Evanston Township High School was one of the first in the nation to construct a planetarium for use of students in science courses in 1967. The facility is now in need of an upgrade that will be financed entirely by contributions to the school’s educational foundation and will result in one that is available for additional uses by the general public.
The ETHS District 202 School Board discussed its capital needs for the next five years at its regular monthly meeting this week and approved some $680,000 in foundation funds to pay for planetarium renovations next year.
The school currently has five classes a day in astronomy, as the popularity of the class has exploded.
But school officials contend that astronomy students will not be the only beneficiaries of the upgrade.
With a new 3D projection system, for example, biology students will be able to virtually move through the chambers of the heart, a computer class could code a 360-degree virtual environment, or a humanities class could take a virtual interactive tour through a medieval cathedral.
The current projection, lighting, sound, and seating systems in the planetarium are to be replaced, and a second system to be installed in the astronomy classroom will allow students to build shows and projects that can be directly transferred to the planetarium and also serve as a backup for the main system.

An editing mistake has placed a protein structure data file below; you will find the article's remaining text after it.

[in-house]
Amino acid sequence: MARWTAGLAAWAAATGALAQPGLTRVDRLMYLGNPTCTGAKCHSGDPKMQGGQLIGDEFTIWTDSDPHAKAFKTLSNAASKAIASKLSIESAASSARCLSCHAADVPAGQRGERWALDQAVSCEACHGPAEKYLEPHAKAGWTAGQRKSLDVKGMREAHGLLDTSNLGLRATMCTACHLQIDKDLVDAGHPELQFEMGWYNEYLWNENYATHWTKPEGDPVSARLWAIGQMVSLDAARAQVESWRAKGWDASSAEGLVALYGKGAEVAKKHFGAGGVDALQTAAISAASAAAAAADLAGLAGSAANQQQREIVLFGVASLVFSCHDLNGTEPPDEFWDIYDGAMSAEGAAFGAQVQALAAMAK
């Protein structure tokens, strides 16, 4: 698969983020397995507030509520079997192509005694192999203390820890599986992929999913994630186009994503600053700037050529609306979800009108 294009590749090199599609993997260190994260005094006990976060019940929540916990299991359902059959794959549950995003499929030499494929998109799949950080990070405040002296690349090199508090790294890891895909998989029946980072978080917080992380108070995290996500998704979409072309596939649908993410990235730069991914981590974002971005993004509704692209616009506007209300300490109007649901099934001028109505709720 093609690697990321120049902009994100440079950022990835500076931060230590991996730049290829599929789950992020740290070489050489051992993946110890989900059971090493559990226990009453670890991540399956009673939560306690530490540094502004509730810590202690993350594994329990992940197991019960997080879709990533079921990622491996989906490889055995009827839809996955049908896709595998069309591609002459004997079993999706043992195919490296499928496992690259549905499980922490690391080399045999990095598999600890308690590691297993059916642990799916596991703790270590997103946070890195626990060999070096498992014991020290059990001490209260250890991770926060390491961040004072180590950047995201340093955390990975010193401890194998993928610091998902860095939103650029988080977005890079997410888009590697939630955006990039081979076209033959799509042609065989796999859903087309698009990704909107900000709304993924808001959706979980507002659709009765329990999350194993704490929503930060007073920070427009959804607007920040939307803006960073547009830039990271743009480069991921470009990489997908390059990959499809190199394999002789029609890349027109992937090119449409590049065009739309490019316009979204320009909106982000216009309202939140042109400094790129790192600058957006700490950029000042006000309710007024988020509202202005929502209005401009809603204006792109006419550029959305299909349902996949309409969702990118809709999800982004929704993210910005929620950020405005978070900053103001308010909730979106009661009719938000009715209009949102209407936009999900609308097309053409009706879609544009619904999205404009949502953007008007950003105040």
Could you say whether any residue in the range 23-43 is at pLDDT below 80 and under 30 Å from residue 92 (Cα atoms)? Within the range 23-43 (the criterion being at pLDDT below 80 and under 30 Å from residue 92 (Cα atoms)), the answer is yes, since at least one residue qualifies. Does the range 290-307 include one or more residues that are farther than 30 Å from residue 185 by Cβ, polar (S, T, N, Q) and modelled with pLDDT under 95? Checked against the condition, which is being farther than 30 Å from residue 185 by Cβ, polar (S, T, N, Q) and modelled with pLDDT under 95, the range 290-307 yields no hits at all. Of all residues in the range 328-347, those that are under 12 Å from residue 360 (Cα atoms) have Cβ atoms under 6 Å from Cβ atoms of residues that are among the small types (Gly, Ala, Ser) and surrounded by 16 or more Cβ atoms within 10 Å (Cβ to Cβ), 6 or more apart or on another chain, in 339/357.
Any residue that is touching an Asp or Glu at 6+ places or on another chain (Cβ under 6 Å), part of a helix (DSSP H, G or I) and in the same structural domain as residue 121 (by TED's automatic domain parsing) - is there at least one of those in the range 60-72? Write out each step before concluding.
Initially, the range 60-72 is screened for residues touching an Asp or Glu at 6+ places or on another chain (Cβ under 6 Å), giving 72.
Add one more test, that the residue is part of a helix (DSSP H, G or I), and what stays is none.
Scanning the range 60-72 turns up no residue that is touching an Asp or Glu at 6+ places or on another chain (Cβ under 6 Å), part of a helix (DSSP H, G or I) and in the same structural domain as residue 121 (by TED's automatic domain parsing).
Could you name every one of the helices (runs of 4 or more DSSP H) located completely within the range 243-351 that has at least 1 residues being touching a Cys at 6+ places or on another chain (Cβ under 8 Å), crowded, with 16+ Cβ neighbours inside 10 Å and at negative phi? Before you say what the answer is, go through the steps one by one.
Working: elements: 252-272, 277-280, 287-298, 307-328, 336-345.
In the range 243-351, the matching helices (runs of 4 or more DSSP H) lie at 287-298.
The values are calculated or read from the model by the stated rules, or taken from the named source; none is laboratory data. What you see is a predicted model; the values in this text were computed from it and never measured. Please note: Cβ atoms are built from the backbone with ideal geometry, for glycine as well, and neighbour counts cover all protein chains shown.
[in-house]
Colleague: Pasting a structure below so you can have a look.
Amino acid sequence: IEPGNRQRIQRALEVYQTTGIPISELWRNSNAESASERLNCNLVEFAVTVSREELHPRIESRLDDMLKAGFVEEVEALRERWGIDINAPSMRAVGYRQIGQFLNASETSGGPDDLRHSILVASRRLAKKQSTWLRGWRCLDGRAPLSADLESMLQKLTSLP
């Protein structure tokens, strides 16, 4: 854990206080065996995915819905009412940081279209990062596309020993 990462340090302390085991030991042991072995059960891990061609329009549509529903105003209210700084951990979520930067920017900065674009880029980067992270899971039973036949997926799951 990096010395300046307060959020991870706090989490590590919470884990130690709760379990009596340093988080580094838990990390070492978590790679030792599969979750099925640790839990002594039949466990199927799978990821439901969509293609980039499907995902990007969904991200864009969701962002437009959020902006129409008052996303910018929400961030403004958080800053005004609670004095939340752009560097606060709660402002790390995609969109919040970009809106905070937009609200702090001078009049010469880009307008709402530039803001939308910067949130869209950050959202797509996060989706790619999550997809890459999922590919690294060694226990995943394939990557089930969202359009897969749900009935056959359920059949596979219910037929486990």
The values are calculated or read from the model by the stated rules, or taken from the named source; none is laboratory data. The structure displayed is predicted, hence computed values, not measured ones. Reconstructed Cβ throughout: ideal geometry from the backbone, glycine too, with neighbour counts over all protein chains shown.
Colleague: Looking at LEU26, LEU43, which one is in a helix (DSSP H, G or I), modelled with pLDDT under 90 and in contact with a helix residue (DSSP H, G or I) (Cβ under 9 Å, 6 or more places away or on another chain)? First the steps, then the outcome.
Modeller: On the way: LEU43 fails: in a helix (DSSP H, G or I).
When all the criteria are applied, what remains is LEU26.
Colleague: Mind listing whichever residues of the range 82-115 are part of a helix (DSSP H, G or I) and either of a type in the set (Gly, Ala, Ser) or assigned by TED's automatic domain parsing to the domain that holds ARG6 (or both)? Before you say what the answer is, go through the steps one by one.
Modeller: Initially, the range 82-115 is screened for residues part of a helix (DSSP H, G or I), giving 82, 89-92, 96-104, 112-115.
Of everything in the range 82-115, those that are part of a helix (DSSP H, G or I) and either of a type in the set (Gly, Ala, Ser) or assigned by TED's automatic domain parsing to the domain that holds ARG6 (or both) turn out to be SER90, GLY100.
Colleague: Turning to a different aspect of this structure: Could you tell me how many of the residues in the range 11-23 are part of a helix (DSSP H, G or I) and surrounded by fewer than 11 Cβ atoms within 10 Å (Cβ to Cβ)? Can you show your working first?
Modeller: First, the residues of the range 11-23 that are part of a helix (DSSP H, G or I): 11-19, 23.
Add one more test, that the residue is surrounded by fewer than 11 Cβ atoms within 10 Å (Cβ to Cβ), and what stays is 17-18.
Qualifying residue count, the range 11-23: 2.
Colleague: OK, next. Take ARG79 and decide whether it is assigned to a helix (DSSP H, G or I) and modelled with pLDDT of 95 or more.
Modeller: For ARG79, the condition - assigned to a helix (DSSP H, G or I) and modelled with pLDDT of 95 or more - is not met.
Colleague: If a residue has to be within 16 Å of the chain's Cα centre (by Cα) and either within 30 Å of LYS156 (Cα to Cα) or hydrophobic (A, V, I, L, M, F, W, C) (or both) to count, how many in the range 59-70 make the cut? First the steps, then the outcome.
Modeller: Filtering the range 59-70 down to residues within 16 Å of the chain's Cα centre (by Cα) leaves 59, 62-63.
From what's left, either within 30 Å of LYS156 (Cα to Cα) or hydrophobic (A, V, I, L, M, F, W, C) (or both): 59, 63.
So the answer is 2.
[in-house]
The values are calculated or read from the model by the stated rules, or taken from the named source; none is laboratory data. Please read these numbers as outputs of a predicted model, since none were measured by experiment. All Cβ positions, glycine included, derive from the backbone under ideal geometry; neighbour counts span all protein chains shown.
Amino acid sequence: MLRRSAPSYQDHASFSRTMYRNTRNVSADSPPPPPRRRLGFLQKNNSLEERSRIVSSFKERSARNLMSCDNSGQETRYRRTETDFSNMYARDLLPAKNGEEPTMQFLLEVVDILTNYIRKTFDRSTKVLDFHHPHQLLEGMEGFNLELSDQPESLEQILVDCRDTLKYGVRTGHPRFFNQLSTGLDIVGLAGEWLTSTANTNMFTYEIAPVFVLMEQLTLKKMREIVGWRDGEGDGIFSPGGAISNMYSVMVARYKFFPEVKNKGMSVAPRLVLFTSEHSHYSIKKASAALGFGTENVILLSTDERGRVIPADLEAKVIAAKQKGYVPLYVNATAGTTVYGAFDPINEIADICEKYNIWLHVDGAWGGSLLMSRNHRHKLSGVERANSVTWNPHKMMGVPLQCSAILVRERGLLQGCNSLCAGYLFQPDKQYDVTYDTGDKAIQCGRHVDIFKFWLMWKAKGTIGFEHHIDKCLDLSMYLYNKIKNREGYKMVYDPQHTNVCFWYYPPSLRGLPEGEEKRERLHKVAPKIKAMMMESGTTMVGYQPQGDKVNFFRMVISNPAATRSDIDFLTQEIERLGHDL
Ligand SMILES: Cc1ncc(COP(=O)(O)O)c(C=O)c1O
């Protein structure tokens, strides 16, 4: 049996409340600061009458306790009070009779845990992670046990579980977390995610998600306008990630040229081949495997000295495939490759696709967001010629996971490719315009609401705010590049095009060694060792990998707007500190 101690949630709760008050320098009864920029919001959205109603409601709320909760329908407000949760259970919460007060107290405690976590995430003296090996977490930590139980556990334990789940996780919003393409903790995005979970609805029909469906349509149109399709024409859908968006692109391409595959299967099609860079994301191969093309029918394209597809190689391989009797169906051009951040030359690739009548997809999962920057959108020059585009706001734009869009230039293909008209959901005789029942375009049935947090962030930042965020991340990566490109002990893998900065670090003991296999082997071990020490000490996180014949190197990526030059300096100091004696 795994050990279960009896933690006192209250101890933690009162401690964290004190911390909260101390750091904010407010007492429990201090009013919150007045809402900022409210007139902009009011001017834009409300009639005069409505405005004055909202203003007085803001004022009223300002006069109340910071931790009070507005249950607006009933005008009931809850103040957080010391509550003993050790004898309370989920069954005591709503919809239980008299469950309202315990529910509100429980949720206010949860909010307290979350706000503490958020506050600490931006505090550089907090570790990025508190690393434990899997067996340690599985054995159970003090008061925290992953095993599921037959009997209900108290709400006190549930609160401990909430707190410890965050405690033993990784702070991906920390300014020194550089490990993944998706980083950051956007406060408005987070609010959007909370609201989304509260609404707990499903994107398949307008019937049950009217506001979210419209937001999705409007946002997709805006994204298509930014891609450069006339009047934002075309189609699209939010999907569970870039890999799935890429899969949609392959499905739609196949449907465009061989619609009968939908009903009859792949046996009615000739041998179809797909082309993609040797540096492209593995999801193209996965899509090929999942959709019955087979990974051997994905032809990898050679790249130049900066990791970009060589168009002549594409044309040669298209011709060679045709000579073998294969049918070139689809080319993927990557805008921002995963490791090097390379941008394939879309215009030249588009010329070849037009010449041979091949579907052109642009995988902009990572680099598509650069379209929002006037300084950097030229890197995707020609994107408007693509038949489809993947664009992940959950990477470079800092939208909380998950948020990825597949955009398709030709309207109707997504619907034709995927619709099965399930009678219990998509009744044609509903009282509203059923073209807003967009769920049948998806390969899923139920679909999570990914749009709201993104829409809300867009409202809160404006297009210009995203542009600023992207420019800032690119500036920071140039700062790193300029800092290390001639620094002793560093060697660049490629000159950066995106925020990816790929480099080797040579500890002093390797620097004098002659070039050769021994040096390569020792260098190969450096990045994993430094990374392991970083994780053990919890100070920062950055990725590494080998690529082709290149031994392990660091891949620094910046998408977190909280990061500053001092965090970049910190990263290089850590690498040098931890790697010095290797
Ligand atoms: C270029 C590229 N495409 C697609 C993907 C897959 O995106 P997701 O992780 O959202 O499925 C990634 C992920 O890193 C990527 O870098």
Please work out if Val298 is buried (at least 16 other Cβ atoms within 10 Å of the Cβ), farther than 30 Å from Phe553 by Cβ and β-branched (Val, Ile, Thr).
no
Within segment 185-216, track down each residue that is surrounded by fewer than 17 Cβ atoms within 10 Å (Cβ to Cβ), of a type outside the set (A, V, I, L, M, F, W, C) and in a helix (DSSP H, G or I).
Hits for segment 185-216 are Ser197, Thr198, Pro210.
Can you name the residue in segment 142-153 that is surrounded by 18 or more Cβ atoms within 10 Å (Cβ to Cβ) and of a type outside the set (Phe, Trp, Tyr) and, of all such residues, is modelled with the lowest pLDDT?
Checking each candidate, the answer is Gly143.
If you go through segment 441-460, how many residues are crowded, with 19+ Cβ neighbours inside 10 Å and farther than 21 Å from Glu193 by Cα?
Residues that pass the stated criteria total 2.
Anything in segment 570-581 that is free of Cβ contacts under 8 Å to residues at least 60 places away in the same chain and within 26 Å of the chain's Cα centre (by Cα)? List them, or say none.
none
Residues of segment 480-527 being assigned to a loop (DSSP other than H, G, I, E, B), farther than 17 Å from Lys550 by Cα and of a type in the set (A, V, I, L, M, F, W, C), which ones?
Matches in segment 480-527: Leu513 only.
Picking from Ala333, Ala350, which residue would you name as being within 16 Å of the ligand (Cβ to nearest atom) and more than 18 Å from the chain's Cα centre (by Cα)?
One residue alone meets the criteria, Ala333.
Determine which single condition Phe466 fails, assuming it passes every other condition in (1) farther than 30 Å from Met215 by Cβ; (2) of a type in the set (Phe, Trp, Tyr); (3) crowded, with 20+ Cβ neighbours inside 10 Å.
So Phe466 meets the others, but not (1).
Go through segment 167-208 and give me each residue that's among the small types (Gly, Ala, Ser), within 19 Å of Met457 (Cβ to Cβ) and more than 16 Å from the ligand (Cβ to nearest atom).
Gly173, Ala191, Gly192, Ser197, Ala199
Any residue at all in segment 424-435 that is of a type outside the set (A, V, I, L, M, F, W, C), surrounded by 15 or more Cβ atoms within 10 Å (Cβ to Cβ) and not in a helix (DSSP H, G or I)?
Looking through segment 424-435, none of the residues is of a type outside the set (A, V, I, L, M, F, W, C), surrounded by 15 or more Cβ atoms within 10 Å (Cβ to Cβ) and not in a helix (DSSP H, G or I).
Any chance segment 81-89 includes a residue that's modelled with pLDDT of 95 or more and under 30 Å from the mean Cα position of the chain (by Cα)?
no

The new IMAX capabilities will be available for use by the community for a whole host of events, according to school officials.
The board approved a $29 million five-year capital improvement plan as well as funding in the amount of $6.3 million for the 2014-2015 fiscal year that is partially funded by a transfer of $4.9 million of excess cash from the district’s Operations and Maintenance Fund.
Other projects funded in the $6.3 million allocation would be the Advanced Manufacturing Lab, a permanent location for the Geometry in Construction building site, phone system upgrades, cooling tower renovations, and enhancements to the Lake Street tennis courts.
There was some discussion of the propriety of spending the entire O&M Fund excess in one year, but Superintendent Eric Witherspoon pointed out that construction costs continue to rise year after year, which means the projects would cost less now than if deferred to later years.
Board member Bill Geiger recommended that the board develop a five-year funding plan that “matches the specificity” of the spending plan.
District finance officer William Stafford agreed that such an exercise would be valuable for the district, particularly once the new administration in Springfield makes known its plans for dealing with shortfalls in the state budget.
In the meantime, he noted that contributions raised through the educational foundation have consistently yielded some $700,000 to $900,000 a year that the school has been able to utilize for capital expenditures.
Top: An architectural rendering of a new permanent facility for the Geometry in Construction building site.